Legends of the Rollright Stones

 

In the neighbourhood of Oxford there are

Great stones, arranged as it were in some

Connection by the hand of man. But at

What time; or by what people; or for

What memorial or significance, is unknown.

Though the place is called by the inhabitants

Rollendrith.

(De Mirabilibus Britanniae, 11th century)

 

The Rollright Stones by Brian HaughtonThe Rollright Stones is the collective name for a group of enigmatic prehistoric monuments located next to an ancient ridgeway known as the Jurassic Way, on the border between the English counties of Oxfordshire and Warwickshire. The name ‘Rollright’ derives from Hrolla-landriht - ‘the land of Hrolla’.

The complex of monuments at the site consist of three main elements, the ‘King’s Men’ – a circle of about seventy stones, probably dating to around 2500 BC, the ‘King Stone’ – a solitary weathered monolith dated to 1792 BC, and the ‘Whispering Knights’, the remains of the burial chamber of a Middle to Late Neolithic portal dolmen, estimated to date to between 3800 and 3000 BC. There are also two further monuments, both almost completely destroyed, a round cairn (a roughly hemispherical burial mound constructed primarily of stones), and a ditched round barrow (a hemispherical burial mound).

Though not as grand and well preserved as the Avebury or Stonehenge ritual landscapes, the Rollright monuments possess their own unique atmosphere, and have attracted a wealth of supernatural folklore over the centuries involving witches, fairies, invading ‘Danes’, and the famous prophetess Mother Shipton.  Indeed the monuments in the area seem to have attracted more legends than almost any other prehistoric site in England.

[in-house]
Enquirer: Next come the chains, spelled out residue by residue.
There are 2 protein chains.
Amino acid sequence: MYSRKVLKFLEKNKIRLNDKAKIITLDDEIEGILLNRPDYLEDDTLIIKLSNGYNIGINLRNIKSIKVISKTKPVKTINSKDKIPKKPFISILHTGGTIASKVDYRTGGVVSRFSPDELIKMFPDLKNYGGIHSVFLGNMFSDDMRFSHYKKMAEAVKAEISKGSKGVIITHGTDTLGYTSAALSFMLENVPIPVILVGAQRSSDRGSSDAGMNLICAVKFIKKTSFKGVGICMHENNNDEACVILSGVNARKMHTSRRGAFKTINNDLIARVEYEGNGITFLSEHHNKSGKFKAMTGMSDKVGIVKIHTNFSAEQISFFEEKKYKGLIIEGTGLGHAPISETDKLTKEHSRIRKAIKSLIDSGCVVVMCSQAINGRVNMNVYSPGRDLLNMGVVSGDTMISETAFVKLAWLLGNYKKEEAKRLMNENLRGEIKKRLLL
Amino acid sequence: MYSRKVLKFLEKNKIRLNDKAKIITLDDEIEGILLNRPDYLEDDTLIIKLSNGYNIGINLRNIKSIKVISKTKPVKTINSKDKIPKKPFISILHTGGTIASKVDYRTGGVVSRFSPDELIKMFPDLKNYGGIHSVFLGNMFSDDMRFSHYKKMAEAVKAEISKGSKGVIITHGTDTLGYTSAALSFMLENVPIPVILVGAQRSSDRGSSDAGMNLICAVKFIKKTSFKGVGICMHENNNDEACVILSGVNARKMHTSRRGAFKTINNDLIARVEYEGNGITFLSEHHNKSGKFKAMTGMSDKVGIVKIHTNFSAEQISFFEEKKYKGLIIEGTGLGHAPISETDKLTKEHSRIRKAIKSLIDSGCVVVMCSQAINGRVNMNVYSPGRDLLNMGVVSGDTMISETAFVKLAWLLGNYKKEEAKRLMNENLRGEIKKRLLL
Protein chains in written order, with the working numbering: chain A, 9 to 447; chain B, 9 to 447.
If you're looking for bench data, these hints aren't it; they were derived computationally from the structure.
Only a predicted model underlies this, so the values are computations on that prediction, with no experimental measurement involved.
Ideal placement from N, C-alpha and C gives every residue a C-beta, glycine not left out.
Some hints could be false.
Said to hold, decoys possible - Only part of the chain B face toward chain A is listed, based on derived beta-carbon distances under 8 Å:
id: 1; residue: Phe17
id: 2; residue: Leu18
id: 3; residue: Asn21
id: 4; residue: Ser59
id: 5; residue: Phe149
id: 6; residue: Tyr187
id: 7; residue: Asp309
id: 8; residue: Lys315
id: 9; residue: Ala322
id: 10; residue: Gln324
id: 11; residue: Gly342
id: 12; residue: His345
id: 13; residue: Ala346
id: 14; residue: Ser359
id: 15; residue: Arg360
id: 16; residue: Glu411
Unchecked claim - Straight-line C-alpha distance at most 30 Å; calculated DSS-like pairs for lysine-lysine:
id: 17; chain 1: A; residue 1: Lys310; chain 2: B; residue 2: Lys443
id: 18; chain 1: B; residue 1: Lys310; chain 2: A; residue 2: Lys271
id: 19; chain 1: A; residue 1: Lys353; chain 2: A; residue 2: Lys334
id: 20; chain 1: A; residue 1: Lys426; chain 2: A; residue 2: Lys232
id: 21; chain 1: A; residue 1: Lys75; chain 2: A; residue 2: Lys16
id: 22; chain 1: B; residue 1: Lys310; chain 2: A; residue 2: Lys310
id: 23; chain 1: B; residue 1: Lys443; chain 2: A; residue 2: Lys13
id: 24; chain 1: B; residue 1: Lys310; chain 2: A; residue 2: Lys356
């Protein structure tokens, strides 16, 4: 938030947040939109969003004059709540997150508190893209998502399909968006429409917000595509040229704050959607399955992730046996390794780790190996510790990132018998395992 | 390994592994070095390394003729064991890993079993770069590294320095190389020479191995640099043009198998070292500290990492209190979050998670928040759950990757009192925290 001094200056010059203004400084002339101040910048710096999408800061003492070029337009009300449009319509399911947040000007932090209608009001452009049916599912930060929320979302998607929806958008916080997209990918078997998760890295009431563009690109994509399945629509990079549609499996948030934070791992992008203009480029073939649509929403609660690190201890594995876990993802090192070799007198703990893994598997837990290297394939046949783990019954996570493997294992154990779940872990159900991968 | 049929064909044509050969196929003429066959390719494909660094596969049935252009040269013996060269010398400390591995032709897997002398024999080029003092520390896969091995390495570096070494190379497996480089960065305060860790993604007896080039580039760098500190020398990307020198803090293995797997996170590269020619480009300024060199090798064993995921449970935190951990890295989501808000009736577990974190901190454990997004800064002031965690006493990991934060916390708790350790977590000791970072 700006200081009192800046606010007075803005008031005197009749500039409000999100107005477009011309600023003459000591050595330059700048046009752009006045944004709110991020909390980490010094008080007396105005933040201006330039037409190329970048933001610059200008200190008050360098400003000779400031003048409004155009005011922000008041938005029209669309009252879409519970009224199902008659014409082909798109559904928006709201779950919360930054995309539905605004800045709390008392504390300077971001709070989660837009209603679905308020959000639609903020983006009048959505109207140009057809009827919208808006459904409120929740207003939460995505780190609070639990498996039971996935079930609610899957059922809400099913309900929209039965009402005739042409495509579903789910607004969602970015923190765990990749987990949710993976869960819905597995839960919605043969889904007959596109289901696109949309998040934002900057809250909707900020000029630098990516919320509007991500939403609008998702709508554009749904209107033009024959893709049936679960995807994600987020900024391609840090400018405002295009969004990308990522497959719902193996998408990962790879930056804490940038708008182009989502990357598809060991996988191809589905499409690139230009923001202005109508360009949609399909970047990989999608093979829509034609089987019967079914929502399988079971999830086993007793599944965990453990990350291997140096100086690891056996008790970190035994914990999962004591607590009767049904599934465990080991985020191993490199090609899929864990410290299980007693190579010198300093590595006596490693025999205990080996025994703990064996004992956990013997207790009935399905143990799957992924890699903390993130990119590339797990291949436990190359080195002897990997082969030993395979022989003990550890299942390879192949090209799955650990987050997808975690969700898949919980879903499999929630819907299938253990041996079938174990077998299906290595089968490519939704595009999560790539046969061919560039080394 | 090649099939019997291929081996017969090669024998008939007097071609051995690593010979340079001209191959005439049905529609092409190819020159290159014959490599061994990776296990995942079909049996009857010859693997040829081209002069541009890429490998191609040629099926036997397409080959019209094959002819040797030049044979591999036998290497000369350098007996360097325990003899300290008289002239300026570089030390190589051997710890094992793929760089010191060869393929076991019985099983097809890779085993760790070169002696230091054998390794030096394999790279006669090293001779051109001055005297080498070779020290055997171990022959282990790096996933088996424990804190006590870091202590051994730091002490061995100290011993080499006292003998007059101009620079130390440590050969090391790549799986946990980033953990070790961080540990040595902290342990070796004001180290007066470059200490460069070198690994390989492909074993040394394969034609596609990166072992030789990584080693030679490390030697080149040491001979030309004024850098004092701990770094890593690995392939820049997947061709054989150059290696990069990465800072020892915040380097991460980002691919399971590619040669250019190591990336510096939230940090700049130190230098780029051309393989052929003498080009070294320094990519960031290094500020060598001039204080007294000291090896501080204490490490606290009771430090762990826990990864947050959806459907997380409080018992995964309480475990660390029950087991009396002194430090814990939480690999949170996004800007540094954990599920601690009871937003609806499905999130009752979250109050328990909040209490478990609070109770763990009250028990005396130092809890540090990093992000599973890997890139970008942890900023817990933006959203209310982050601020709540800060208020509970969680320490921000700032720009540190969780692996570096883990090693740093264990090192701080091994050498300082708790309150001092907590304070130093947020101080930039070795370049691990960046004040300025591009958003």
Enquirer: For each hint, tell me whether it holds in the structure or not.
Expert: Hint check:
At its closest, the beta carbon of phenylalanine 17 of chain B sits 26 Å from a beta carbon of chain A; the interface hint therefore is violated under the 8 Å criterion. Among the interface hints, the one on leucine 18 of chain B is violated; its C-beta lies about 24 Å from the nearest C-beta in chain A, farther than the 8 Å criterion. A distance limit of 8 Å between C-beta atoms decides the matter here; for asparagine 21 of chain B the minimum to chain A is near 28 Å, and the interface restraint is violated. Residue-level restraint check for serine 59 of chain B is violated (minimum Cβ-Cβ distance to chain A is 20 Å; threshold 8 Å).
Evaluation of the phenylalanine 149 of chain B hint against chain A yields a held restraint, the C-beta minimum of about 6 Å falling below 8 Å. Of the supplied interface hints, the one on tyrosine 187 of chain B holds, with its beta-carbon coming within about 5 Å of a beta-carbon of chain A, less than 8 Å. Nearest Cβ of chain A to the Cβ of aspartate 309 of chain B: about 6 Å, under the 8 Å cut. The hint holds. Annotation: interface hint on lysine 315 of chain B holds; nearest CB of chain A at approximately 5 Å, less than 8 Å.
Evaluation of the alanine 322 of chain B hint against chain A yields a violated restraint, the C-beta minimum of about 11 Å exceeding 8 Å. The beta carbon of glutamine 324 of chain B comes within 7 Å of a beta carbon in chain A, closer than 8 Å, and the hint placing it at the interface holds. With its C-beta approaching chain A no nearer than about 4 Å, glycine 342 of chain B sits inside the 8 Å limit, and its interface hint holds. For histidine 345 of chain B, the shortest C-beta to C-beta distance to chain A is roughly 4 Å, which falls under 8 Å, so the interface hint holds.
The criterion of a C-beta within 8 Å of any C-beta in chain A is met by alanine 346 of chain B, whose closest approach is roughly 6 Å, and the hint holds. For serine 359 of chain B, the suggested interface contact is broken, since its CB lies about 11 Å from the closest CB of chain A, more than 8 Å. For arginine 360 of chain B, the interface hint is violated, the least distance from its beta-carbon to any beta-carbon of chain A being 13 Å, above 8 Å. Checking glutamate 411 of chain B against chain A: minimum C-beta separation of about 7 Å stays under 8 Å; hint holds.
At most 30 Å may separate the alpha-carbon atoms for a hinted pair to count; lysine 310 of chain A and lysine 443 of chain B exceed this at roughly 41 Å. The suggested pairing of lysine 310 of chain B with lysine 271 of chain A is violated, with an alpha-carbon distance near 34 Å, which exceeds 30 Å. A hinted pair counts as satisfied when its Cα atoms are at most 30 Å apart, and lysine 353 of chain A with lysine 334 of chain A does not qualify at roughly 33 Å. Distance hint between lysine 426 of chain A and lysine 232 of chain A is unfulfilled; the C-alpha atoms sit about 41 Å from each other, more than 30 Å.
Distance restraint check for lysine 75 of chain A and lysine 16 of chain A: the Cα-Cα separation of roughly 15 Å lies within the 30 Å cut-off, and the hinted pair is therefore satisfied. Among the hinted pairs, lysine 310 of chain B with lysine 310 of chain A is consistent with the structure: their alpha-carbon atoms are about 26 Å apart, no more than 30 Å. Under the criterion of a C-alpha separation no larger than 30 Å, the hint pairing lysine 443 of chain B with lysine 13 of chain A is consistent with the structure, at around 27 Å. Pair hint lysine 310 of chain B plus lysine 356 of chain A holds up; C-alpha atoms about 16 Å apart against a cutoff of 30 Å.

The earliest known belief about the stones, that they were petrified men, is first mentioned in Camden’s Britannia, written in Latin, in 1586, which states that ‘the common people usually call them Rolle-rick stones, and dreameth that they were sometimes men by a wonderful Metamorphosis turned into hard stones’.

Writing in the journal Folklore (September,1902) Percy Manning mentions perhaps the earliest appearance of a well known rhyme about the Rollright Stones, added as manuscript notes to his copy of Dr. R. Plot’s Natural History of Oxfordshire, (2nd edition. 1705):

Said the Danish General,

If Long Compton I cou’d see

Then King of England I shou’d be.

But reply’d the [" British " erased] Saxon General,

Then rise up Hill & stand fast Stone-

For King of England thou’lt be none.

 

By the mid nineteenth century the ‘Saxon General’ had been replaced by a witch. The witch confronts a conquering king at Rollright who is a few steps away from the crest of the ridge from where the village of Long Compton, lying in the valley below, is visible. According to the most complete version of the tale, collected by Arthur Evans from local people and published in Folklore in 1895, the witch stopped the King in his tracks by saying:

 

Seven long strides shalt thou take, and if Long Compton thou canst see, King of England thou shalt be.

 

Realizing that the village would certainly be visible from the edge of the hill the King strode forward shouting:

 

Stick, stock, stone, As King of England I shall be known!

 

Taking seven strides forward the King was suddenly confronted by a long mound of earth rising up magically before him (the mound of earth which still stands next to the King Stone) and blocking his view of the valley below. The witch then said:

 

As Long Compton thou canst not see

King of England thou shalt not be.

Rise up, stick, and stand still, stone,

For King of England thou shalt be none,

Thou and thy men hoar stones shall be

And I myself an eldern-tree.

 

The Whispering Knights at RollrightAnd so the King and his army became the King Stone and King’s Men stone circle and the witch became an elder tree. The Whispering Knights were said to be a group of soldiers huddled together plotting treachery against the King when they were also turned to stone by the witch. The witch in this tale was sometimes identified as the mythical prophetess ‘Mother Shipton’, probably for no other reason than the proximity to Rollright of a village called Shipton-under-Wychwood.

As this folktale shows the stones have a connection in the popular imagination with witchcraft, though how far back this connection goes is not clear. Writing in the magazine 3rd Stone (Winter 2000/2001) folklorist Jennifer Westwood has shown that both the witch and the related elder tree elements of Rollright folklore are of comparatively recent date, there being no evidence for either motif earlier than the mid nineteenth century in stories from the site.


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